The city's two major art schools were established within a few years of each other. In 1918 the Otis Art Institute opened in the former residence of Harrison Gray Otis, founder of the Los Angeles Times. He had donated his home to Los Angeles County for the "advancement of art in the West,"[5] This art school was affiliated with the Museum of History, Science and Art, and became a respected institution, having through the years most of the region's prominent artists as either students or instructors, The Chouinard School of Art was founded in the early 1920's by Nelbert Chouinard to accommodate the overflow from the Otis. A third school was founded in Pasadena. Called the Stickney Memorial Art School and headed by Jean Mannheim, it opened in 1912 in Stickney Hall, built and donated by Susan Homer Stickney in memory of her sister.

While the art center of Los Angeles spread from downtown to the area around Westlake Park where the major schools were located, another colony developed in Pasadena. In 1926 the population of Pasadena was only 80,000 year-round residents, but the community boasted five luxurious resort hotels, twelve golf courses, the Rose Bowl and the Tournament of Roses, which was in its thirty-seventh year. The city's main attraction for artists was its Arroyo Seco, a deep, wooded canyon meandering north from Los Angeles toward the Sierra Madres. Originally called "the Sycamores:' its quiet stream and rugged natural beauty at first attracted picnickers and then later permanent settlers who built along its crest. A strong colony of craftsworkers settled there. George Wharton James promoted a guild of Arroyo craftsmen, Ernest A. Batchelder (1875-1957) founded his School of Design and Handicraft, and the University of Southern California College of Fine Arts in Garvanza and the Southwest Museum all became a part of the Arroyo art community. Many plein air painters found it a constant source of inspiration, Mannheim, Bischoff, Clark, Redmond and the Wachtels all built Studio homes in the area.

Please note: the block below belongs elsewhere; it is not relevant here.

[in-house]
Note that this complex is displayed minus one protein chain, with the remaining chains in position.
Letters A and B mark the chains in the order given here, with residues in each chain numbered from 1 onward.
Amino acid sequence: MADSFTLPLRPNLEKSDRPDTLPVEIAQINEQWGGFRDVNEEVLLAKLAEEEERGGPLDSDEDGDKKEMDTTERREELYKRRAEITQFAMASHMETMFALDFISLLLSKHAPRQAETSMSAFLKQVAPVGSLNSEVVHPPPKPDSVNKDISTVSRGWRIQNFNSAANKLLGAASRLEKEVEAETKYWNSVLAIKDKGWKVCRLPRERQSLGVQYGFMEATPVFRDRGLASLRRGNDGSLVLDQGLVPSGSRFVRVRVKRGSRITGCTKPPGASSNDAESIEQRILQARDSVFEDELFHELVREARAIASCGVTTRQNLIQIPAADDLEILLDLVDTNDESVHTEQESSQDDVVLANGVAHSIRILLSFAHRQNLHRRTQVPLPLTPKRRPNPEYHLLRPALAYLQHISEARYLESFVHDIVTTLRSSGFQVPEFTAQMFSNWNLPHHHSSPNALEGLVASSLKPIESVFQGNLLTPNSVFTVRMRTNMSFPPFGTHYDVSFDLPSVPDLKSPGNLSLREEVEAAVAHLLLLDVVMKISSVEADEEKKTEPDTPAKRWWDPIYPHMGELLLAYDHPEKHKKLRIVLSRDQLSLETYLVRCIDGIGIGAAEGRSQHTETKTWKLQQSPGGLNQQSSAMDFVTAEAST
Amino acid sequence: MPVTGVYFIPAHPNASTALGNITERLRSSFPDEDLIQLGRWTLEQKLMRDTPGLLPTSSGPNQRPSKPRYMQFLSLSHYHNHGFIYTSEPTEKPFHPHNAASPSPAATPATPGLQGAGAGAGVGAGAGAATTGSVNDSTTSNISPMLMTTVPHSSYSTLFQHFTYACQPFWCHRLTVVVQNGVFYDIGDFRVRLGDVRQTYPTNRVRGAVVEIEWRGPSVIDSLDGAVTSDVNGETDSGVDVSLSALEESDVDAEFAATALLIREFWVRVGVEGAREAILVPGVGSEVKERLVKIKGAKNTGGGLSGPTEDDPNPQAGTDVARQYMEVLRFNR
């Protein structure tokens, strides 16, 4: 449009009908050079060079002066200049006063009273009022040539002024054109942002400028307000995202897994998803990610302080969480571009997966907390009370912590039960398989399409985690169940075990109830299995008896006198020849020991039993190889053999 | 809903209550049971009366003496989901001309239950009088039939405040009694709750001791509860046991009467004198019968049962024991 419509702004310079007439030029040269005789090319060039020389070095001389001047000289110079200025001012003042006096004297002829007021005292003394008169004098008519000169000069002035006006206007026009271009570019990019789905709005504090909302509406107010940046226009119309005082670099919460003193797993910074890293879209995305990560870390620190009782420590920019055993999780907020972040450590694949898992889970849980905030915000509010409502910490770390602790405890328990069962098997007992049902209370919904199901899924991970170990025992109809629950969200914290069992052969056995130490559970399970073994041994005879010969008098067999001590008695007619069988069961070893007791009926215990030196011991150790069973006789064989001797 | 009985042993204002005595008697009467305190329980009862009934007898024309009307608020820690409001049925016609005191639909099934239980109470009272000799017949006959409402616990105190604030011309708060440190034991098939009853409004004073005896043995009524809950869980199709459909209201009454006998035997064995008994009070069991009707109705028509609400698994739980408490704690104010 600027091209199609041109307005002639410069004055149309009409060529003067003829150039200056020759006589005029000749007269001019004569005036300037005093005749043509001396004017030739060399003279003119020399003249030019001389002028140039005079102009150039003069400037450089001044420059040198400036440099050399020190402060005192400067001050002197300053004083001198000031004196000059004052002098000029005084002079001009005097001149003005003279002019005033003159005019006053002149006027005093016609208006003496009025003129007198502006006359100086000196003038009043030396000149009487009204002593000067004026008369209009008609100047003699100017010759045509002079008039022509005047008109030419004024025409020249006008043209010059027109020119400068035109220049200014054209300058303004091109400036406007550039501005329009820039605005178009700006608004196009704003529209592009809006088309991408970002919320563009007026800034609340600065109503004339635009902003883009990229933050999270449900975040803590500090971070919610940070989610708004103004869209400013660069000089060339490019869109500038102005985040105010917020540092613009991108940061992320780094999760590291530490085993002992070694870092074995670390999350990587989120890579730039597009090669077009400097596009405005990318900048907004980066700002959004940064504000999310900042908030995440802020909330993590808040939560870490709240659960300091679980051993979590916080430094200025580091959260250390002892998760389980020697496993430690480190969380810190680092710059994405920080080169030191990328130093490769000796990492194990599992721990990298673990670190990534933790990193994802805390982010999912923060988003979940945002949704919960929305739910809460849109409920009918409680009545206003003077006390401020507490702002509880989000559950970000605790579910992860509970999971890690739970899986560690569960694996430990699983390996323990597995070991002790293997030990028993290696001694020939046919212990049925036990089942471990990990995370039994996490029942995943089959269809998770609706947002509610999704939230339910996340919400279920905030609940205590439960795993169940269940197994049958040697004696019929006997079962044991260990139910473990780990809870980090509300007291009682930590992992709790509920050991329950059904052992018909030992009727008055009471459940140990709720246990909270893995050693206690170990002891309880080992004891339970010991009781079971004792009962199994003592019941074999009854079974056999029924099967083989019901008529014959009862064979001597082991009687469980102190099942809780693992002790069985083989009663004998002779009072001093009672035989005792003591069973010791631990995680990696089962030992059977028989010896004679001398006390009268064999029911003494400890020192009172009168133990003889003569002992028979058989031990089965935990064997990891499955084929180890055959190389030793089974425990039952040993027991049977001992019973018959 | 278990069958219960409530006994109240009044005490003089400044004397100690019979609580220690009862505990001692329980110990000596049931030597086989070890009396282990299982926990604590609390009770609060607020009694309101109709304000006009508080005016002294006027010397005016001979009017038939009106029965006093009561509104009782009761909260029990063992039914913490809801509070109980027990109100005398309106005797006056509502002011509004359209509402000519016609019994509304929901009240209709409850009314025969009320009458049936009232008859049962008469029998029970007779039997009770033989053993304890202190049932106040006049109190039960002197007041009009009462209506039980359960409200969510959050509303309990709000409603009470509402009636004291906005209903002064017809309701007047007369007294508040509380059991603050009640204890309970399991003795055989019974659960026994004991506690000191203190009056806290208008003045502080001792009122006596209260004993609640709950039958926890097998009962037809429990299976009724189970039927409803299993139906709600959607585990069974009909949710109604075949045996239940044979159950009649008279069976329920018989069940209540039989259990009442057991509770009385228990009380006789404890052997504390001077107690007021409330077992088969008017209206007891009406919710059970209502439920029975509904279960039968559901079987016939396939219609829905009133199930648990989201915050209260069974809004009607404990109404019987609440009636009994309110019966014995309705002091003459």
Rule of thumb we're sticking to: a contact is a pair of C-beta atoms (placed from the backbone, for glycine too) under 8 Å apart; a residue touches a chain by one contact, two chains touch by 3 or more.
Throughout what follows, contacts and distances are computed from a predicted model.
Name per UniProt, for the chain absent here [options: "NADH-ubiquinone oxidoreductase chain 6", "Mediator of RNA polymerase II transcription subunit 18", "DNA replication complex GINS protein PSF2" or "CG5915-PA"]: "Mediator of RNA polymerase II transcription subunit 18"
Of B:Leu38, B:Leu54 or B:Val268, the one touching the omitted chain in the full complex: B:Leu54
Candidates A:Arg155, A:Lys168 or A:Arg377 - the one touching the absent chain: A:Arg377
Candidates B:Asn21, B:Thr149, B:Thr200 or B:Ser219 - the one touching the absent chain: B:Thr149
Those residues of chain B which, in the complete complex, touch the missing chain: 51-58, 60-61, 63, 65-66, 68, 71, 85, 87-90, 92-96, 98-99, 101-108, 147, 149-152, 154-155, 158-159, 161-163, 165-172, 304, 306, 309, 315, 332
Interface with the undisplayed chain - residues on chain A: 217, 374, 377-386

Although the plein air painters of Los Angeles and Pasadena interpreted the natural beauty near their homes, they began to explore the countryside surrounding their growing communities. Hundreds of interurban express trains (now sadly gone from the scene), a growing network of oiled and paved roads and the advent of the automobile all contributed to the increasing mobility of the painters. The riches they could explore were described by George Wharton James: "In thirty-five minutes, see her [Los Angeles'] bejewelled ocean cincture, a galaxy of beach-towns that have the rich blue of the Pacific as an allurement every day in the year, and where surf bathing is indulged in every day, almost without exception. Santa Monica, Ocean Park, Venice, Playa del Rey, Manhattan, Hermosa, Redondo, San Pedro, Balboa and Newport are all reached directly with express electric cars direct from Los Angeles. Then, in the other direction stand the mountains with their Mt. Lowe Railway, Carnegie Observatory, and the cool and delicious canyons, where running brooks sing to sunshine-kissed trees, and gigantic mountain sides and cliffs keep putting on ever-changing garments of colour and tone for the delectation of the elect,